Ethics Case 14–8 - Hunt Manufacturing - Debt for equity swaps; have your cake and eat it too ● LO5 The cloudy afternoon mirrored the mood of the conference of division managers. Claude Meyer, assistant to the controller for Hunt Manufacturing, wore one of the gloomy faces that were just emerging from the conference room. “Wow, I knew it was bad, but not that bad,” Claude thought to himself. “I don’t look forward to sharing those numbers with shareholders.” The numbers he discussed with himself were fourth quarter losses which more than offset the profits of the first three quarters. Everyone had known for some time that poor sales forecasts and production delays had wreaked havoc on the bottom line, but most were caught off guard by the severity of damage. Later that night he sat alone in his office, scanning and rescanning the preliminary financial statements on his computer monitor. Suddenly his mood brightened. “This may work,” he said aloud, though no one could hear. Fifteen minutes later he congratulated himself, “Yes!” The next day he eagerly explained his plan to Susan Barr, controller of Hunt for the last six years. The plan involved $300 million in convertible bonds issued three years earlier. Meyer: By swapping stock for the bonds, we can eliminate a substantial liability from the balance sheet, wipe out most of our interest expense, and reduce our loss. In fact, the book value of the bonds is significantly more than the market value of the stock we’d issue. I think we can produce a profit. Barr: But Claude, our bondholders are not inclined to convert the bonds Meyer: Right. But, the bonds are callable. As of this year, we can call the bonds at a call premium of 1%. Given the choice of accepting that redemption price or converting to stock, they’ll all convert. We won’t have to pay a cent. And, since no cash will be paid, we won’t pay taxes either. Required: Do you perceive an ethical dilemma? What would be the impact of following up on Claude’s plan? Who would benefit? Who would be injured?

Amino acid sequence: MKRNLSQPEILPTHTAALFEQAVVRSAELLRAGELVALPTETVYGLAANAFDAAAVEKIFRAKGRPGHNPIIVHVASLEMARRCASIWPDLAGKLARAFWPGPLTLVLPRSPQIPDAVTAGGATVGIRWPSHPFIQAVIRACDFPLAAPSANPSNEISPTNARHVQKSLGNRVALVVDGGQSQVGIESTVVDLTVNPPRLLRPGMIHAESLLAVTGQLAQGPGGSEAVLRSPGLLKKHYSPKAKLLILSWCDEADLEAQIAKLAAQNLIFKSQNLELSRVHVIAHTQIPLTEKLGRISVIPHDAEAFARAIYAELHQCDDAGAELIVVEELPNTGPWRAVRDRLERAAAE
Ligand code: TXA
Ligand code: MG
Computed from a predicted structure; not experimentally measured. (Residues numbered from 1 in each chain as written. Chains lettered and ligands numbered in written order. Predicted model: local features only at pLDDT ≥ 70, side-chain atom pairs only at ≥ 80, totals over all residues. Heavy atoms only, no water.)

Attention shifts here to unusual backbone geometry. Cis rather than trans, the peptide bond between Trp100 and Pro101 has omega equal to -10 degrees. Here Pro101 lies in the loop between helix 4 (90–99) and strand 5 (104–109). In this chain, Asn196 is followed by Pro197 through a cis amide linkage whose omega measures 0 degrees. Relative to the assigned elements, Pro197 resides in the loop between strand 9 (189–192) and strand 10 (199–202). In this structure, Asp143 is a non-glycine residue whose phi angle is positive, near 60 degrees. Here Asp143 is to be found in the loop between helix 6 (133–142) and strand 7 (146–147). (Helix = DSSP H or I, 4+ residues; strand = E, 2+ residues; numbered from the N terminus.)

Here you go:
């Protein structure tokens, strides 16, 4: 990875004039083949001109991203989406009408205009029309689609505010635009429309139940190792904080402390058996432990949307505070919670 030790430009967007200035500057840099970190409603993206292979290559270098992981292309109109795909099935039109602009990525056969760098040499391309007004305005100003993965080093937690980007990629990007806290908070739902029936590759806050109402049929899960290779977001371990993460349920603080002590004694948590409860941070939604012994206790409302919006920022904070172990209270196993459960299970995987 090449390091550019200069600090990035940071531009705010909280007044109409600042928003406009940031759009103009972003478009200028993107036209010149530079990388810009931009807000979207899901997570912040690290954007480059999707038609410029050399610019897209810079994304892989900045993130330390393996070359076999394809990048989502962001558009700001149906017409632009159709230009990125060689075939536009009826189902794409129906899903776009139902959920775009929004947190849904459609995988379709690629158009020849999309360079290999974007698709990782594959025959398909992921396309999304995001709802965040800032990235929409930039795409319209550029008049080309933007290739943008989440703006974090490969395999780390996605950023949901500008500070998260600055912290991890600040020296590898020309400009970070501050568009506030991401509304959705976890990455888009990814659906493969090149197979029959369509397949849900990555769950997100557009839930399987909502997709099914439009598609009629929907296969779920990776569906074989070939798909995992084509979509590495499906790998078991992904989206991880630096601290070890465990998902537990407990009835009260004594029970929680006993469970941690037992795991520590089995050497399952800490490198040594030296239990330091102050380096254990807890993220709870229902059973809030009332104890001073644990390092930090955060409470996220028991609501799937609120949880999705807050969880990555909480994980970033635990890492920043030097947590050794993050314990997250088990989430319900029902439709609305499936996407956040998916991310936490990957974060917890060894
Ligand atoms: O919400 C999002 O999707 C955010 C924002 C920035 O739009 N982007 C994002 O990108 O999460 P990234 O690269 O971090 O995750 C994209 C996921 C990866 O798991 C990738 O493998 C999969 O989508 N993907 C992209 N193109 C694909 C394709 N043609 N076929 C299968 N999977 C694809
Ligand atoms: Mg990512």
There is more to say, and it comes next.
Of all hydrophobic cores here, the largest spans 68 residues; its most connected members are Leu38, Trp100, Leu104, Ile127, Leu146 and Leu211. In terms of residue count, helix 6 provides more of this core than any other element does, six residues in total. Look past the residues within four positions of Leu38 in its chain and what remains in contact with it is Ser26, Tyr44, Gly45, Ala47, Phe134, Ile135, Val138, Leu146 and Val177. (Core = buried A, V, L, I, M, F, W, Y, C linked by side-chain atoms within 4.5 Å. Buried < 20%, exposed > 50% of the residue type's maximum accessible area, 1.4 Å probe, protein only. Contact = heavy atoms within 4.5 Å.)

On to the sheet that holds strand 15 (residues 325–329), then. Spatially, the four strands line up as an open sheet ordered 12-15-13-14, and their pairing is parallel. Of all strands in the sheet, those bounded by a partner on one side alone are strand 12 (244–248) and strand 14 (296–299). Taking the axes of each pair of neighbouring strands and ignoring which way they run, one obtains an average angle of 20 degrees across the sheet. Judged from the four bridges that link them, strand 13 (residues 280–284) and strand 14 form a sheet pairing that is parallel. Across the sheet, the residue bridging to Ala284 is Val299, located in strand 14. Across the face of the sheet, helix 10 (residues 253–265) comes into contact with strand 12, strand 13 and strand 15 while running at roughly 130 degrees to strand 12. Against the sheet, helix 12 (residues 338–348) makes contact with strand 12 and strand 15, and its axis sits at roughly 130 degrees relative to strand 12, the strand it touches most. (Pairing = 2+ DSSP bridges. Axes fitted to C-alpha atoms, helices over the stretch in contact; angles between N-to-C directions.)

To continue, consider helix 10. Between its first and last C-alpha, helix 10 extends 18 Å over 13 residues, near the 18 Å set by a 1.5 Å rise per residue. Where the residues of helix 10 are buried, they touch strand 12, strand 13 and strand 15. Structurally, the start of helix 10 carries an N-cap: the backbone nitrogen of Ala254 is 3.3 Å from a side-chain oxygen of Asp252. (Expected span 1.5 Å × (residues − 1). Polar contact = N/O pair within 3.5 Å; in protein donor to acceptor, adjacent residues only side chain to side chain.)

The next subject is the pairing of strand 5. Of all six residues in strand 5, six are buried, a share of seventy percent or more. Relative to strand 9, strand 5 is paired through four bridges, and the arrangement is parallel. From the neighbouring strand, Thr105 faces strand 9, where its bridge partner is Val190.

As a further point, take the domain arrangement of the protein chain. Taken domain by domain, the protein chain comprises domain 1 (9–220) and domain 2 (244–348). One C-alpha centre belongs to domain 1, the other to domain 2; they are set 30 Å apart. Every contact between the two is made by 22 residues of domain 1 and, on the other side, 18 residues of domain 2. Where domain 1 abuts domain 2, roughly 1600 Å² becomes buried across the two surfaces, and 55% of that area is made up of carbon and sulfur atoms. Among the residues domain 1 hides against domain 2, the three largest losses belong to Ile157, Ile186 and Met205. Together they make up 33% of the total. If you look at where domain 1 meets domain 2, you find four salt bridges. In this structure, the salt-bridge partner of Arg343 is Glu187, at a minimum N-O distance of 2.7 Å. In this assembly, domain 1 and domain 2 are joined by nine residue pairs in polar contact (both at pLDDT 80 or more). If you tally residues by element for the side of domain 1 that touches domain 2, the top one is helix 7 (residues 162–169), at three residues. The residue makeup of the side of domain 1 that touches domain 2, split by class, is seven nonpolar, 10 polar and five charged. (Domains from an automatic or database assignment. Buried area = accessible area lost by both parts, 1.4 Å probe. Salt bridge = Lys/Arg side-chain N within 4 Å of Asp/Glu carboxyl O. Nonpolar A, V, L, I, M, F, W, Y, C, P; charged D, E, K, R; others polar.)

ACC 306 Week 1 DQ2 Judgment Case 13-9 Judgment Case 13–9 - Valleck Corporation - Loss contingency and full disclosure ● LO5 LO6 In the March 2012 meeting of Valleck Corporation’s board of directors, a question arose as to the way a possible obligation should be disclosed in the forthcoming financial statements for the year ended December 31. A veteran board member brought to the meeting a draft of a disclosure note that had been prepared by the controller’s office for inclusion in the annual report. Here is the note: On May 9, 2011, the United States Environmental Protection Agency (EPA) issued a Notice of Violation (NOV) to Valleck alleging violations of the Clean Air Act. Subsequently, in June 2011, the EPA commenced a civil action with respect to the foregoing violation seeking civil penalties of approximately $853,000. The EPA alleges that Valleck exceeded applicable volatile organic substance emission limits. The Company estimates that the cost to achieve compliance will be $190,000; in addition the Company expects to settle the EPA lawsuit for a civil penalty of $205,000 which will be paid in 2014.
P 12–13 - Miller Properties - Equity method ● LO5 LO6 On January 2, 2011, Miller Properties paid $19 million for 1 million shares of Marlon Company’s 6 million outstanding common shares. Miller’s CEO became a member of Marlon’s board of directors during the first quarter of 2011. The carrying amount of Marlon’s net assets was $66 million. Miller estimated the fair value of those net as- sets to be the same except for a patent valued at $24 million above cost. The remaining amortization period for the patent is 10 years. Marlon reported earnings of $12 million and paid dividends of $6 million during 2011. On December 31, 2011, Marlon’s common stock was trading on the NYSE at $18.50 per share. Required: